OP-ED: Rebuilding Abu Dhabi Fisheries – Restoring Livelihoods and Food Security

There is still hope - natural ecosystems are resilient and can bounce back if initiatives are taken at the right time.

On an early winter morning, I set out for the Mina Fish market in Abu Dhabi along with my team of fisheries enumerators. When the rest of the Abu Dhabi was fast asleep, the Mina fish market was full of life, but what we were witnessing in front of us, small catch sizes and even smaller fishes, was indicative of something gone badly wrong.

This was five years back, when I headed the Biodiversity Sector at the Environment Agency. The fisheries sector was at tipping point and that day, we made a promise to turn it around.

Abu Dhabi’s marine area of over 48,000 sq km is one third the size of the England landmass and has around 1,100 licensed commercial fishers. There are nearly 500 licensed commercial fishing vessels, operated by over 3000 fishers and an equal number of fishers for the recreational fishing. Both the commercial and recreation fisheries were putting enormous pressure on the already depleted fish stocks. According to our studies, the three most landed demersal fish species, Orange spotted grouper (Hamour), Spangled emperor (Shaari) and Painted sweetlips (Farsh) were being over-exploited by an estimated five times the sustainable limit.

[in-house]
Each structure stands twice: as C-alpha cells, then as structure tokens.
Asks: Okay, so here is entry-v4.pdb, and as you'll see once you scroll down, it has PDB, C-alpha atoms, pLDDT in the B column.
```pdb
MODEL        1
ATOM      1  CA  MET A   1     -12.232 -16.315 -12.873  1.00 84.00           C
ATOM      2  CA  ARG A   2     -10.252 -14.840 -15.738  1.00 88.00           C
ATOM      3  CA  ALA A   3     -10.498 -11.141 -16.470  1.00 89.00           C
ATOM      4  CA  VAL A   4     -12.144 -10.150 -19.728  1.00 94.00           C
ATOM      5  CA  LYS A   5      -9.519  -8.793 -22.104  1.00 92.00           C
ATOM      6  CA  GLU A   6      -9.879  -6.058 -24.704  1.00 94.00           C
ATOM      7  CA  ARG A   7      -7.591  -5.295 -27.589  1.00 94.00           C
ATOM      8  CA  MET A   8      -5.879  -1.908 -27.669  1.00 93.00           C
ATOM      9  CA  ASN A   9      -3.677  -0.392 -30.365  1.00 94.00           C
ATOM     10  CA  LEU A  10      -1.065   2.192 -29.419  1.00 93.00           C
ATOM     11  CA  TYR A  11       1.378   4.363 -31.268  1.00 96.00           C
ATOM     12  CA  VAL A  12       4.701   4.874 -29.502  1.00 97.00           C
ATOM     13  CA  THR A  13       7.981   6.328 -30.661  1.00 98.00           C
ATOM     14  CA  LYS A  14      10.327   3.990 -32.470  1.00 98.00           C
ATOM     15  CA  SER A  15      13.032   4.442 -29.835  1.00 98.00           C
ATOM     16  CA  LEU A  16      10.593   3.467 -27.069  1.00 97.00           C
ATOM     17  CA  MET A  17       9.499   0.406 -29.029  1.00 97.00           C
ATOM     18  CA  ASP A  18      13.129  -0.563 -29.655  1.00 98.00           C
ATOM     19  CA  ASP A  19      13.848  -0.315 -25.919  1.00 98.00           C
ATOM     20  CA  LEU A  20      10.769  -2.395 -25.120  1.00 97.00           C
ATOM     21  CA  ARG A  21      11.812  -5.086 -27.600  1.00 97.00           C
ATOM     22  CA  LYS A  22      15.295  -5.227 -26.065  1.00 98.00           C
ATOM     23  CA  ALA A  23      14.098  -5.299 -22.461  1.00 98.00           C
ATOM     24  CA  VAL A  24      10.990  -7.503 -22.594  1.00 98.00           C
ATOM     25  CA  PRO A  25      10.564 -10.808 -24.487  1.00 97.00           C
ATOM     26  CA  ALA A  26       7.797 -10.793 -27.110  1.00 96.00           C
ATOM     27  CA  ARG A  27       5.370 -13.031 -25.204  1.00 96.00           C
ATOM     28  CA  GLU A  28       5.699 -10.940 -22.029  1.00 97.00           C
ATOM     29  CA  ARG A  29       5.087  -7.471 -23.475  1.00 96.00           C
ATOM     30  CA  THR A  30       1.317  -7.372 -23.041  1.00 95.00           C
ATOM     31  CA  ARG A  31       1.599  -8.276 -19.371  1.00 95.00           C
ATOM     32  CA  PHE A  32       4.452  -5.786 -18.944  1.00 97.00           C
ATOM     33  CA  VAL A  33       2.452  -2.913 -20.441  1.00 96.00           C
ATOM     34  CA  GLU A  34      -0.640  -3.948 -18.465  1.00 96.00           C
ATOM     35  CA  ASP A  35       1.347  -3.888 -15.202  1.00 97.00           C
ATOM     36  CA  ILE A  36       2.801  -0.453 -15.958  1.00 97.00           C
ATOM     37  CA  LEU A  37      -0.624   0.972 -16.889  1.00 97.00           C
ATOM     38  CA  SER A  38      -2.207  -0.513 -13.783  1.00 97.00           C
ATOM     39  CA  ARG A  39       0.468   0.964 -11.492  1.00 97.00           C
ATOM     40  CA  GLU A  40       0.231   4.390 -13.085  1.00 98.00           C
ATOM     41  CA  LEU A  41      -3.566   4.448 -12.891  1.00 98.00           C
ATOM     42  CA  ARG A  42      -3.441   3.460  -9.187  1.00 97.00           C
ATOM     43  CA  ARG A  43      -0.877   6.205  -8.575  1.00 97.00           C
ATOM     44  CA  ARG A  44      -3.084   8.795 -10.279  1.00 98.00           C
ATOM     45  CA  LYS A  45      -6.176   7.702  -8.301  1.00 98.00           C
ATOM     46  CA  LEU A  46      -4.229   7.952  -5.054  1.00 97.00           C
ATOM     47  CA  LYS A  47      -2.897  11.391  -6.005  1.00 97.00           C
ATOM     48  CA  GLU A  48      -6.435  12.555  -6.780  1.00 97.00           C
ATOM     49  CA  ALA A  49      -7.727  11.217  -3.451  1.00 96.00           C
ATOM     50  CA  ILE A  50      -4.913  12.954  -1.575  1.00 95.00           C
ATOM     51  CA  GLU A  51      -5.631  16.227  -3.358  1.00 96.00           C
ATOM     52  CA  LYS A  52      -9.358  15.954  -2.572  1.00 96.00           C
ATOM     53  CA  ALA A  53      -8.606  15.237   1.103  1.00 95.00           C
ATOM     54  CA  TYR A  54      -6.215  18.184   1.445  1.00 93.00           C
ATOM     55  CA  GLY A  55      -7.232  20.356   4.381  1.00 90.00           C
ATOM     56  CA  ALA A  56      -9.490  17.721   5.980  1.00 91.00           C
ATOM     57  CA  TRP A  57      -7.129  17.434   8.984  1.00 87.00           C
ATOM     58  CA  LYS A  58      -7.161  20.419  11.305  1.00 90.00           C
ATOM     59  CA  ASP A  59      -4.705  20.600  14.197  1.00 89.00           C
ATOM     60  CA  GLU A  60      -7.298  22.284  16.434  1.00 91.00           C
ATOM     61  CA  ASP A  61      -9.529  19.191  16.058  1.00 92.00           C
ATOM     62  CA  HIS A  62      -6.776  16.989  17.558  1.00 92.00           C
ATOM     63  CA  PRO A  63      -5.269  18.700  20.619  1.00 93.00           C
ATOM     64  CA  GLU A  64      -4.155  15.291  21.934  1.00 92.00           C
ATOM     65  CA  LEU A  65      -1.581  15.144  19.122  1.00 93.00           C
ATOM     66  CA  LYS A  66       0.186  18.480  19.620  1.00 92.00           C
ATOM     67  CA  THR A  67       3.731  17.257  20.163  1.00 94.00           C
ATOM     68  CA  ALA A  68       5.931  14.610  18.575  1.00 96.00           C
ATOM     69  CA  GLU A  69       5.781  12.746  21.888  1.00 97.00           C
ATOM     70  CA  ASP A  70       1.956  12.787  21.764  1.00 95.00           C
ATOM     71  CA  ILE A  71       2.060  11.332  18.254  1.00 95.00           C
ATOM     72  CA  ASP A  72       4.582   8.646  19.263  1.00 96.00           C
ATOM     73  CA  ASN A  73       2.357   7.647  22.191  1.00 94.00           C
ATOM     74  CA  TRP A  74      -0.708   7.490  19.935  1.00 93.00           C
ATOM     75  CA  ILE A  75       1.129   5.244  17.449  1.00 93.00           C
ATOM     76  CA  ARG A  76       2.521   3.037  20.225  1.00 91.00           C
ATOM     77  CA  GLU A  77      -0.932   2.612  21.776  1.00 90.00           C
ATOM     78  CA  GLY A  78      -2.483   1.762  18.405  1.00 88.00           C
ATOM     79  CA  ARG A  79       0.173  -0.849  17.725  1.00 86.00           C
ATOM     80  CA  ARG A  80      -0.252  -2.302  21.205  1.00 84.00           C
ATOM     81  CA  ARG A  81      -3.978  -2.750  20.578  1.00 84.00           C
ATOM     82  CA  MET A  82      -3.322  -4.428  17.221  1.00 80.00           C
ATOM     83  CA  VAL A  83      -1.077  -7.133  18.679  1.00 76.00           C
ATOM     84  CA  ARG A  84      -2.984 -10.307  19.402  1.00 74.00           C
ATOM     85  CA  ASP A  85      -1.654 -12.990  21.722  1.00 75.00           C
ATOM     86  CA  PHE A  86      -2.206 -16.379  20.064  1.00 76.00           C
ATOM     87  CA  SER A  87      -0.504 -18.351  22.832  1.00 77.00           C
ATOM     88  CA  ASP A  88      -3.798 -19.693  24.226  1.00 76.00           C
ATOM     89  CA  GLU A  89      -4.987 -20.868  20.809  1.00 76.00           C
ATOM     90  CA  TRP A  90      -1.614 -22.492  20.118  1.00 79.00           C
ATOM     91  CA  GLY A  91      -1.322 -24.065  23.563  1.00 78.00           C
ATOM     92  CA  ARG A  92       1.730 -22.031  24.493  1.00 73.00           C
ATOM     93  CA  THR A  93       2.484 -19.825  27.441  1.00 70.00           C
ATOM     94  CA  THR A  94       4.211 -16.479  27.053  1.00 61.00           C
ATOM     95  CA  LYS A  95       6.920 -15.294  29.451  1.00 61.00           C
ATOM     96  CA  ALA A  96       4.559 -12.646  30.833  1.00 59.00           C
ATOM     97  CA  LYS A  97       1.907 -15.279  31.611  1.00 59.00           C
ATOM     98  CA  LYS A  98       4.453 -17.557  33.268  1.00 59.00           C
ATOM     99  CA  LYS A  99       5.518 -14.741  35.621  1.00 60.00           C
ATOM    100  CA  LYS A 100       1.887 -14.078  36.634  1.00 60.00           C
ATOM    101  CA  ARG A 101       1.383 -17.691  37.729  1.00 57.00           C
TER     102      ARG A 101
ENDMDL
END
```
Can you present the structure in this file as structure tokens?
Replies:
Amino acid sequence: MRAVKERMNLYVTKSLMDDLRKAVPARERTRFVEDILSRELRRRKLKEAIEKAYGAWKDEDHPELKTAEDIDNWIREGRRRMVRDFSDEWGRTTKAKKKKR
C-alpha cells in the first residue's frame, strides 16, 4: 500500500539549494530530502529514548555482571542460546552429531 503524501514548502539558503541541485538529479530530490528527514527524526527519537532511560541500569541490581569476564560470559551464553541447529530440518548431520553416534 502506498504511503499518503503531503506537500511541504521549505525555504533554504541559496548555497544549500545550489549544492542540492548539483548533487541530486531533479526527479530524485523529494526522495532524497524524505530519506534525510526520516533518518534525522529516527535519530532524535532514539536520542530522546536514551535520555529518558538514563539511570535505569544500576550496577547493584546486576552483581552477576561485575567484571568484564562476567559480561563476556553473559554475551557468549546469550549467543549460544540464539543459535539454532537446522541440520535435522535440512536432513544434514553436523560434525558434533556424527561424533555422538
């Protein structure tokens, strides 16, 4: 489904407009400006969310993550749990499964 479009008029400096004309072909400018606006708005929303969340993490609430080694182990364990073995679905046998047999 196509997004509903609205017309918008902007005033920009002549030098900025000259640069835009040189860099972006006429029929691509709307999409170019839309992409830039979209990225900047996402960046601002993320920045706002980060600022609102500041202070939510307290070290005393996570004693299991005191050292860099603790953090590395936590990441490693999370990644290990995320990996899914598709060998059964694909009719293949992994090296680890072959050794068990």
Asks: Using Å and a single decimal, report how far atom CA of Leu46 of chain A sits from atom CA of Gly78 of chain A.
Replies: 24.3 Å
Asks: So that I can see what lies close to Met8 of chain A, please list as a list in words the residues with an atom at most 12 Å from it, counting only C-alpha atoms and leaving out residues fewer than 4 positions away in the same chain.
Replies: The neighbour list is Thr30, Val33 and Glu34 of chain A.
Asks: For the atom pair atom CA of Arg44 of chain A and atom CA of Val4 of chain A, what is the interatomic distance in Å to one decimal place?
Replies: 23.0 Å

This grim scenario triggered a range of research, policy, and regulatory responses in Abu Dhabi.

The launch of the UAE Sustainable Fisheries Programme in 2015 was set up to achieve a sustainable fishery by 2030. Under the program, a comprehensive Fisheries Resources Assessment Survey (FRAS) was undertaken between 2016-2017 in the UAE waters. The results were startling. Our fish stocks had declined by around 90%. Further independent data further corroborated what our fisheries enumerators had found at our landing sites. With less than 10% of stocks being sustainably exploited, our fisheries were severely overexploited and almost in a state of collapse.

These shocking results triggered urgent activities to revive the fishery sector. We consulted key stakeholders, talked to our community and held series of local community (majlis) sessions. In 2019, on the sidelines of the World Ocean Summit held in Abu Dhabi, we launched our recovery plan.

We banned the sea cage trap (locally known as gargoor), a non-selective method. We also banned the encircling gill net. A series of intensive community engagement and media campaign followed the regulatory reforms. In addition, we developed an IUCN Guideline on integrating fishers’ knowledge in fisheries policy. The guidelines, produced in consultation with 50 international experts from16 countries, provided global guidance on how to utilize traditional knowledge in resource management, using an ecosystem approach to fisheries management.